Alpine and Thunderbird can be configured so you can copy your mail from Peyton to your new mail server (as long as it's IMAP). Alpine can also (as can Fetchmail) be used to download text copies of your email, in a few different formats (the most common being 'mbox' format). Depending on your needs, follow one of the links above to see how to get the job done. For automated downloading of mail, Fetchmail is probably the best choice.

...filter email?

You'll want to either read a bit about Sieve - the filtering language used by Cyrus IMAPD - and create a Sieve script, or have a look at SmartSieve which we run here as a web frontend to the Sieve language. Most things you might need to do can be done through the interface in SmartSieve, but worst case scenario you can upload straight Sieve scripts to it as well.

...manage delivered (and tagged) spam?

See Filtering Spam for an example.

...subscribe to such-and-such mailing list?

See the Mailman interface.

...learn more about Mailman & mailing lists?

You can browse the documentation at the main Mailman website, Chris Kolar wrote some very good docs for list managers and admins, which is available at .

...know this email was sent by someone?

If the email is not cryptographically signed (say, with GPG), you don't. Emails can be forged, very easily. They can appear to come from anywhere, and with varying degrees of believability; anything from "no way in hell" to "only the NSA knows." If your work requires you verify that an email came from the person who appeared to send it, then you both need to install GPG (and if you use Thunderbird, you'll want the Enigmail extension; see here) and learn how to use it.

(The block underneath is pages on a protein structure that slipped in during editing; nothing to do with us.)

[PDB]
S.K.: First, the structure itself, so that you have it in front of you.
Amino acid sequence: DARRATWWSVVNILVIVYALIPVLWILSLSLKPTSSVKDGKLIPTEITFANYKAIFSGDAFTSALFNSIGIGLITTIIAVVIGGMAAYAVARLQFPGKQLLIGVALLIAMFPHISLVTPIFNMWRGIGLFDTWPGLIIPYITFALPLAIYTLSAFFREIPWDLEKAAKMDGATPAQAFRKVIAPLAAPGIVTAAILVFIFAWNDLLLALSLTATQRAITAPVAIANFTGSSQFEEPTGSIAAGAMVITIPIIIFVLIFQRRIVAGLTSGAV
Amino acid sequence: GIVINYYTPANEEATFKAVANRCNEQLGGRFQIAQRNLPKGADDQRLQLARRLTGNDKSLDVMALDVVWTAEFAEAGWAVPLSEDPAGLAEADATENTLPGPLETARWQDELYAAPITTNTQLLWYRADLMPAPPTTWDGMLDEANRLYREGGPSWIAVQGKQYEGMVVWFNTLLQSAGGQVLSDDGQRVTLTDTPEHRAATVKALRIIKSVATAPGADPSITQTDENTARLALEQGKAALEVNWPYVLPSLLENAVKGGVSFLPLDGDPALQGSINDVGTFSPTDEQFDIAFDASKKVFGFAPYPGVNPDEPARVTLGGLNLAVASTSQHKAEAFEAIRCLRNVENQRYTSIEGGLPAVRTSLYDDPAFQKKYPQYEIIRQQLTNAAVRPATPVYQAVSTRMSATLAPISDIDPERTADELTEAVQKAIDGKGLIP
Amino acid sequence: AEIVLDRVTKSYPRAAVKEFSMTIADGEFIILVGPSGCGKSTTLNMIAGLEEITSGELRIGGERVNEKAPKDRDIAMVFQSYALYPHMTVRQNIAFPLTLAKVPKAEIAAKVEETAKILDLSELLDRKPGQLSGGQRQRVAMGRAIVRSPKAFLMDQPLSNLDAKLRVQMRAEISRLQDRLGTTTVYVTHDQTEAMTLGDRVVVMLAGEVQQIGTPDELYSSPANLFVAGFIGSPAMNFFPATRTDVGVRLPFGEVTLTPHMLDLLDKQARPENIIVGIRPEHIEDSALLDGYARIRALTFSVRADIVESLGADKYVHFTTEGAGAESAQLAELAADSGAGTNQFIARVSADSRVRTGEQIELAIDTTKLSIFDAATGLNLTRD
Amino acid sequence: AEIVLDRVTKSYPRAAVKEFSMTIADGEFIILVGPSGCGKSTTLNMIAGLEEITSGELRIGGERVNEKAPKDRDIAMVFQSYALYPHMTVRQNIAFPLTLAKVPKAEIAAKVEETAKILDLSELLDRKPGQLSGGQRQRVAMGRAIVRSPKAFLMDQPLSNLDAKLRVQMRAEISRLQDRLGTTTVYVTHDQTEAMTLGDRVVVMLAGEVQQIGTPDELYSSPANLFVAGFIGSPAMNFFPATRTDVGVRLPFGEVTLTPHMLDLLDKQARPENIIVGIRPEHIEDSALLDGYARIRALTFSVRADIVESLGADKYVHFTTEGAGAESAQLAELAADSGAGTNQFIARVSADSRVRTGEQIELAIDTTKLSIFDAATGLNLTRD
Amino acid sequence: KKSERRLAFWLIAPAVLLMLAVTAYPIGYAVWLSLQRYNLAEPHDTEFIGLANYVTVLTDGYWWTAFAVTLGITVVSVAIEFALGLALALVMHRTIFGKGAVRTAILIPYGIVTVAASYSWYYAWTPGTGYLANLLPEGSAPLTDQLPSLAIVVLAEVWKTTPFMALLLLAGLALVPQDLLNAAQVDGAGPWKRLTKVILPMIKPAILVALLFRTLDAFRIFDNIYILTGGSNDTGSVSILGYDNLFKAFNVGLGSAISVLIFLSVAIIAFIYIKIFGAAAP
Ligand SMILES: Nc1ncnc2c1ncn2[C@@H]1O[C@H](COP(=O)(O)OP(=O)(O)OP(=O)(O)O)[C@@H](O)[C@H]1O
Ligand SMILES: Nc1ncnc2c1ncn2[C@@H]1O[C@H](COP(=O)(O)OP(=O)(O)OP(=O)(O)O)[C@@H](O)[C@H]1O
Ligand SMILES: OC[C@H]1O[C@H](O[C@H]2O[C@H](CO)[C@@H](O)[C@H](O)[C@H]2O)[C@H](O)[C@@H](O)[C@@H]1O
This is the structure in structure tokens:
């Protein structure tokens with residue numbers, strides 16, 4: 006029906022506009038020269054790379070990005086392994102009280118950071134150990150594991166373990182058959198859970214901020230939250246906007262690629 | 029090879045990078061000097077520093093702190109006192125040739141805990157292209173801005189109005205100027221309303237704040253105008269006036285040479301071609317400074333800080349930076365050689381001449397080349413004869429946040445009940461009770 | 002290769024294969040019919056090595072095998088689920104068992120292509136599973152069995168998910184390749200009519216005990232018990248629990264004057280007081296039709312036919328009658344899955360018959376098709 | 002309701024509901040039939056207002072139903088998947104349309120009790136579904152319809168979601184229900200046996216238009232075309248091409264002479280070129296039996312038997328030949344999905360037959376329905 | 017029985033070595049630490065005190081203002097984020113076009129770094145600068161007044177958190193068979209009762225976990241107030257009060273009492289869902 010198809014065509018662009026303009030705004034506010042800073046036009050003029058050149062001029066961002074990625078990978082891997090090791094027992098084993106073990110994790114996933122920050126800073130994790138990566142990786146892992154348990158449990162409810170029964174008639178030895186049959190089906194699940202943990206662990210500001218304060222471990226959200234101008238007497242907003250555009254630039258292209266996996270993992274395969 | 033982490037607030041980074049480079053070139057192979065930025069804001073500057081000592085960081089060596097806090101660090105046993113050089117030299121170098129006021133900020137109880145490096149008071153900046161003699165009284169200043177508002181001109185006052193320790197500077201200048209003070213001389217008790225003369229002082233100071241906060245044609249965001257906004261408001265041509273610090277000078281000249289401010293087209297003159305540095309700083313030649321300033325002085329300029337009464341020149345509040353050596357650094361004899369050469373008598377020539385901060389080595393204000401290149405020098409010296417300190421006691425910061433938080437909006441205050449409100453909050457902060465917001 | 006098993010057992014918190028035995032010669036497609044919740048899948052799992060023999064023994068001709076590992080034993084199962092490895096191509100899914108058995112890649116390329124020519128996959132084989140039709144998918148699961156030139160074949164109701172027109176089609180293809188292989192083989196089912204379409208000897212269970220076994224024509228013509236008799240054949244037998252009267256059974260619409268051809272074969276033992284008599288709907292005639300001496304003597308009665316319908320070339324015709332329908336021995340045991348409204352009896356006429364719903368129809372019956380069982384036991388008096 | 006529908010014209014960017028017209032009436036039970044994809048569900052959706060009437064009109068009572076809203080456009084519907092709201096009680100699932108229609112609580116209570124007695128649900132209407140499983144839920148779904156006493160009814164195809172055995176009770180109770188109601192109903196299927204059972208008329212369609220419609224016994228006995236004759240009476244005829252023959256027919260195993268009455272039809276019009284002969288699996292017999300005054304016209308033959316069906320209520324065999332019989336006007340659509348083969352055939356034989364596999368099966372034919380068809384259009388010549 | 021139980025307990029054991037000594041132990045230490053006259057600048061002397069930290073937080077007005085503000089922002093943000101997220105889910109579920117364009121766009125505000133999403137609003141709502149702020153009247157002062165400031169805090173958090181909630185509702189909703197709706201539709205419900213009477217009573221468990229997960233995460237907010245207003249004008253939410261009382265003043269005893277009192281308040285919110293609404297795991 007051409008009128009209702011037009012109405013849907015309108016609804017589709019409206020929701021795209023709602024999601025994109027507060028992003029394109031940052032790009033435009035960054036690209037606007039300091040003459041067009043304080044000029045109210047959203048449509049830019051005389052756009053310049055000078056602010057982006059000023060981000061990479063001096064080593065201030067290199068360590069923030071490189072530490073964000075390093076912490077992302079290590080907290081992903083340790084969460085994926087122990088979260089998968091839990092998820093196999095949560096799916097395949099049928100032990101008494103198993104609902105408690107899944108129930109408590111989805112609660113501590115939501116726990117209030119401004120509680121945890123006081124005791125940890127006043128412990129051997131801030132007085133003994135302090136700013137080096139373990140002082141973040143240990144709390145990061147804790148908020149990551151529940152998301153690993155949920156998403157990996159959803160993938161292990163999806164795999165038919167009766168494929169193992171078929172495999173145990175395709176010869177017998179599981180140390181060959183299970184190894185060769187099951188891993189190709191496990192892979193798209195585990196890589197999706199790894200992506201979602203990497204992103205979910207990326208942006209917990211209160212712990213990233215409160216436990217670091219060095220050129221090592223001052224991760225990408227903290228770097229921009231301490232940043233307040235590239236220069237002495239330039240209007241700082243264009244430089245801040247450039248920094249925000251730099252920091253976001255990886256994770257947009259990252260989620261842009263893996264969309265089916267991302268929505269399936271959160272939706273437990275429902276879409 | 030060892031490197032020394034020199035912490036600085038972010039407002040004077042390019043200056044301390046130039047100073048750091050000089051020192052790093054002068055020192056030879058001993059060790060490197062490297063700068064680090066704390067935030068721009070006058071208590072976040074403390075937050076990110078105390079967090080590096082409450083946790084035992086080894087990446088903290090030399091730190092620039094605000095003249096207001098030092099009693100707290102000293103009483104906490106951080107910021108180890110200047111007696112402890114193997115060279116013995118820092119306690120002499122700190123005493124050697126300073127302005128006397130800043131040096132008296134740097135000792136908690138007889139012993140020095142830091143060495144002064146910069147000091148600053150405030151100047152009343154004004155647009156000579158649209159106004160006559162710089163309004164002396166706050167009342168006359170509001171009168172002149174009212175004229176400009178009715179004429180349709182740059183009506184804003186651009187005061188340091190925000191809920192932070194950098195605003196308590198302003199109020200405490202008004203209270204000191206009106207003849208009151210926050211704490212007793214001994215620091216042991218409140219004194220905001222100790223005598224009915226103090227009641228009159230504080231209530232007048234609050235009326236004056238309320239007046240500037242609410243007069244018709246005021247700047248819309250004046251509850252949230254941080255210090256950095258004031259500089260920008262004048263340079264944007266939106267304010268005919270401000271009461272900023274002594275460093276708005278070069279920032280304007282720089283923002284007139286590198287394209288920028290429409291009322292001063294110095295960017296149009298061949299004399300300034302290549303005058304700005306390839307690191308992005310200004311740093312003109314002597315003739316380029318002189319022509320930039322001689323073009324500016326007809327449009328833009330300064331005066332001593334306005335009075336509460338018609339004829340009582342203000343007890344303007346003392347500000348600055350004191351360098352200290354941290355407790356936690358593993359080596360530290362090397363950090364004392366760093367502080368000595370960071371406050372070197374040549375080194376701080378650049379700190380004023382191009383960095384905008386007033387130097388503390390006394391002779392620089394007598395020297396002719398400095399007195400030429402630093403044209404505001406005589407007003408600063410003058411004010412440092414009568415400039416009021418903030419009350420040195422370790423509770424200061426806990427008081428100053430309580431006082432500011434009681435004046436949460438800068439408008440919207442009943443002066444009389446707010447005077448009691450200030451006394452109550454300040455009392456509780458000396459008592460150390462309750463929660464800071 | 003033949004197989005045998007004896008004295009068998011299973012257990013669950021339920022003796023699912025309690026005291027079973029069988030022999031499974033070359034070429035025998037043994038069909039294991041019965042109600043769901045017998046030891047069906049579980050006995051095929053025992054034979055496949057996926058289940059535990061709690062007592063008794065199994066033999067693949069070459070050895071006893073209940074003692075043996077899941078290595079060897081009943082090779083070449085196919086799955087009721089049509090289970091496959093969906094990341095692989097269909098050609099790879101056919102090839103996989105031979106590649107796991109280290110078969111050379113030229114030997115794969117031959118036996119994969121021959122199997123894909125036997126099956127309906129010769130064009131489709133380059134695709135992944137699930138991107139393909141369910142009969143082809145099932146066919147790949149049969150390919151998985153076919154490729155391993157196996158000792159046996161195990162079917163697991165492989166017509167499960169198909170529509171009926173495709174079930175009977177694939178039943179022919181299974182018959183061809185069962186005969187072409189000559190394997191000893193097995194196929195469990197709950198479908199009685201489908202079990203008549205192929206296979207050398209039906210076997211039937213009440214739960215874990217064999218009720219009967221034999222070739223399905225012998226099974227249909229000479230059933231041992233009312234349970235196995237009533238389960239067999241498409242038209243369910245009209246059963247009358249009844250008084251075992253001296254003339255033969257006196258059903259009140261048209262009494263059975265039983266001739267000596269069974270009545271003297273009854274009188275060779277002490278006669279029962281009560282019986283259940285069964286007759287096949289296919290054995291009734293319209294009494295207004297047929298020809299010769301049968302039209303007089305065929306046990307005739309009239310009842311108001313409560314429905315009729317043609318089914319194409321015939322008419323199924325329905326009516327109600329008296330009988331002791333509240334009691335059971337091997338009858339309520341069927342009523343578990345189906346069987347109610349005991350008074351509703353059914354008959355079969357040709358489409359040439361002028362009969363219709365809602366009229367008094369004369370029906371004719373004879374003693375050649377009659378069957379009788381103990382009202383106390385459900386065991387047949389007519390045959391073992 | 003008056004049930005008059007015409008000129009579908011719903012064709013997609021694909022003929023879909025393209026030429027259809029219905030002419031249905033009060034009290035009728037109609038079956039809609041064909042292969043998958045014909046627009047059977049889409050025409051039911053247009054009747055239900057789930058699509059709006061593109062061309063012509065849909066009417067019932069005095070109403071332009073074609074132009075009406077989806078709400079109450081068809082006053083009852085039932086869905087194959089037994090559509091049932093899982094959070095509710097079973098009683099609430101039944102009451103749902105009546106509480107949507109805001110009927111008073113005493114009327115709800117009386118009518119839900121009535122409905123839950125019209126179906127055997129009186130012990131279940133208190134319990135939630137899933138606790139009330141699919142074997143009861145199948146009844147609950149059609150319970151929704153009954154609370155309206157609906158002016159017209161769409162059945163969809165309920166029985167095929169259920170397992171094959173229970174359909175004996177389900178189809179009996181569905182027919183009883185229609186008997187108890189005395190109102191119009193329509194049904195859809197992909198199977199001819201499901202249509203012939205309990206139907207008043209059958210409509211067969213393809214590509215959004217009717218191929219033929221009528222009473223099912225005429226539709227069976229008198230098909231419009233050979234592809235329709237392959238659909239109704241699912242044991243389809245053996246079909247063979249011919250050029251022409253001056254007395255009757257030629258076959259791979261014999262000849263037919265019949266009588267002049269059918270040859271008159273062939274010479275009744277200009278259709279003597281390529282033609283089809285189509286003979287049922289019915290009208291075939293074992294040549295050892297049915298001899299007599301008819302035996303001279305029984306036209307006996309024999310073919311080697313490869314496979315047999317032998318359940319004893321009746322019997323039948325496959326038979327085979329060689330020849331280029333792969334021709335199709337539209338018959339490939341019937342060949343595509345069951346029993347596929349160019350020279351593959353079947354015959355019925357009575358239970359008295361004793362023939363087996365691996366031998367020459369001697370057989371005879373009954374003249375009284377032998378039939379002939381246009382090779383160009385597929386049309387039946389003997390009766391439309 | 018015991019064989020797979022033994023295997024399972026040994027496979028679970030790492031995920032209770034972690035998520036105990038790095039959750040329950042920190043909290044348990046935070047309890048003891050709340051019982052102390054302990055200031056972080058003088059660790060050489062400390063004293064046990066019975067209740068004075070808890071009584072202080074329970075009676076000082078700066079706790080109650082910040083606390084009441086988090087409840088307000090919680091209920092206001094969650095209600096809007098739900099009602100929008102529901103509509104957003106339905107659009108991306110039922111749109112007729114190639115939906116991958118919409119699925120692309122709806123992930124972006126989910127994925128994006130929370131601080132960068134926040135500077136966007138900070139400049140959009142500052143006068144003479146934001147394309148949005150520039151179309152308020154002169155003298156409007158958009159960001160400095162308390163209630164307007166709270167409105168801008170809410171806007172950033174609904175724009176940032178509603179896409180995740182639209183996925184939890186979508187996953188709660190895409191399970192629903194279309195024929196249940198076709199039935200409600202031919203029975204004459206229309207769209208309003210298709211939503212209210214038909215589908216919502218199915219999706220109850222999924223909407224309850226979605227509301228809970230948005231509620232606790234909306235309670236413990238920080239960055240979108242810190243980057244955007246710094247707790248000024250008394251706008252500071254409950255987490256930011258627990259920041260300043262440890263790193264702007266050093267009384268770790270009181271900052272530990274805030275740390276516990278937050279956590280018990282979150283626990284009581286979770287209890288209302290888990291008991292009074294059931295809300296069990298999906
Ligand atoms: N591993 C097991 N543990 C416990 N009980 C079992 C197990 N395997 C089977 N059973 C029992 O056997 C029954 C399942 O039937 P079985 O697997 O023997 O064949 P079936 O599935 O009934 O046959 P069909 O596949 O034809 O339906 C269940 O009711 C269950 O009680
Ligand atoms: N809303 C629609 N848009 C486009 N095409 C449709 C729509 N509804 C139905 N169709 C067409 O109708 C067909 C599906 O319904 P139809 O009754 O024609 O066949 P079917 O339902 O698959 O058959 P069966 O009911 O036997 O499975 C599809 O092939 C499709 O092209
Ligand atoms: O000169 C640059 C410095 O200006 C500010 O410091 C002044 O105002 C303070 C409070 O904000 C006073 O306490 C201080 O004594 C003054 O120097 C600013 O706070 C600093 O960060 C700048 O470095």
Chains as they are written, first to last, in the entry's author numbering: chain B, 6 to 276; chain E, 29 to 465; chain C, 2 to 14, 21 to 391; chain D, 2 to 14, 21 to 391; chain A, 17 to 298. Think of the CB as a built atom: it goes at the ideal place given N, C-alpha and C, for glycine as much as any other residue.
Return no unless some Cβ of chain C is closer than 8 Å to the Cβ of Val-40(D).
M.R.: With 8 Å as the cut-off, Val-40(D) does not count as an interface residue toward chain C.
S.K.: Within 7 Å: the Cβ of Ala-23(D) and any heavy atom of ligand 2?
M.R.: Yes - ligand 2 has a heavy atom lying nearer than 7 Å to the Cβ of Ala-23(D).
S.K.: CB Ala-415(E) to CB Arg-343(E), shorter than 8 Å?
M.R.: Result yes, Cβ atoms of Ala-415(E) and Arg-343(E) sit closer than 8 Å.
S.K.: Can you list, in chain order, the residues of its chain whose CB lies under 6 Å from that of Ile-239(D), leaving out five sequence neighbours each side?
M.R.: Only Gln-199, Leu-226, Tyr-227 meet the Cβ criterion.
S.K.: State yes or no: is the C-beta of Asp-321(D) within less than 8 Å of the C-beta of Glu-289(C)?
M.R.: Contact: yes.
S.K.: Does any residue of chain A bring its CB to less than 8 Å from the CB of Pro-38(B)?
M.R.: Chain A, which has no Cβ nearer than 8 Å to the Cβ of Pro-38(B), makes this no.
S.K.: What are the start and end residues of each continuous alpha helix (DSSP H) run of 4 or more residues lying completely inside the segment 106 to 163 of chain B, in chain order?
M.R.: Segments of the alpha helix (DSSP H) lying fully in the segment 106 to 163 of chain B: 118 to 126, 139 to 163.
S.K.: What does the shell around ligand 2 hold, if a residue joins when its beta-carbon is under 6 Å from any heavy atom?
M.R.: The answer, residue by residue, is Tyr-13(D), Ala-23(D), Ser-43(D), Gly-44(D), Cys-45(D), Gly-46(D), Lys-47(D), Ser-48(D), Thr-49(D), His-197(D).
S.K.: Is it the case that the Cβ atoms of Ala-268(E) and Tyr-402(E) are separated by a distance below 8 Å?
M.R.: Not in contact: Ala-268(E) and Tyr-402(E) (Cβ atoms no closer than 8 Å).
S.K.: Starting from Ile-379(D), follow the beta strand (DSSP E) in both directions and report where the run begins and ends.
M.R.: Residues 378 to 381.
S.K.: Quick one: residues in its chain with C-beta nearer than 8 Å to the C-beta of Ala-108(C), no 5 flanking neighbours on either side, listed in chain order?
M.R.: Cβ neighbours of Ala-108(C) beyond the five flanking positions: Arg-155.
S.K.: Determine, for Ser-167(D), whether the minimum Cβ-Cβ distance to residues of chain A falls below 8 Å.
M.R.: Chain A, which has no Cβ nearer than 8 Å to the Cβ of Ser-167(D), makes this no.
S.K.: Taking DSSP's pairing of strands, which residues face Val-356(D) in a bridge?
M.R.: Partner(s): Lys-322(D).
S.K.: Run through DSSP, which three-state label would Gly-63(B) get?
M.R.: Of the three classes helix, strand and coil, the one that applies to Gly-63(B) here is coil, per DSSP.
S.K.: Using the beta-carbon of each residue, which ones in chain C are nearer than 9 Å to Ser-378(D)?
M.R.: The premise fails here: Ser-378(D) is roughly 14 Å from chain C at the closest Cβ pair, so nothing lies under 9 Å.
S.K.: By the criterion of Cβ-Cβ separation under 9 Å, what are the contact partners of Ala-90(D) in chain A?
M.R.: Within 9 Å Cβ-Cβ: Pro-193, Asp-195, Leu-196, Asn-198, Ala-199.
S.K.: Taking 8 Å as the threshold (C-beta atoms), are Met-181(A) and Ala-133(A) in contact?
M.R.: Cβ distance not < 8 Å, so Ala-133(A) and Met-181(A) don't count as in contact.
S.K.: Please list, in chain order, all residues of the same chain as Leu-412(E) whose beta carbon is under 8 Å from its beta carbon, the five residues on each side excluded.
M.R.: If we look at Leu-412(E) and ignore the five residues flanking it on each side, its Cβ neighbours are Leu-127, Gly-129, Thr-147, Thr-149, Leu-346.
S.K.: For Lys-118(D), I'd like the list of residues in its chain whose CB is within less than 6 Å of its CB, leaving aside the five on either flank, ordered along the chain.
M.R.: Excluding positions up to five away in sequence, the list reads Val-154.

As of 2006/02/20, any automated emails sent from the address listed in Requesting assistance are GPG signed. This doesn't include the actual trouble ticket mails, however it does include the password expiration reminders, and user account expiration notices that are sent out. This way you can verify that the email is legit and is from us here. The key used for signing the mails has the ID 0x5BF560E9 and the fingerprint A197 9F2E 99E1 1CC9 92AC D93C BF8E 880F 5BF5 60E9. The key is also signed by Steve and Leigh (keys 0xE6E97FD4 and 0xB220F113).

...send or receive large emails?

See the article on large emails which describes what they are and what to do.

...find out why a mail got marked as spam?

In order to see why a message was flagged as spam, you must look at the headers of the message. Spamassassin will include a header named X-Spam-Status which includes the score and all the tests which matched the message, and what their result added to or subtracted from the score. If you would like us to look at it and describe it more, you need to send us the message with all headers intact. You can also see below for another way to easily get us the message for inspection.

...teach the spam filter to learn from mistakes?

The spam filter can be taught that a message is spam, or not spam (aka 'ham') and will learn over time. Using Bayesian logic, the filter teaches itself when a message has a very low score that its contents tend to not be spam, and when a message has a very high score that its contents tend to be spam. This way, those messages which are in the middle can be pushed one way or another based on the content of the message and Bayesian inference.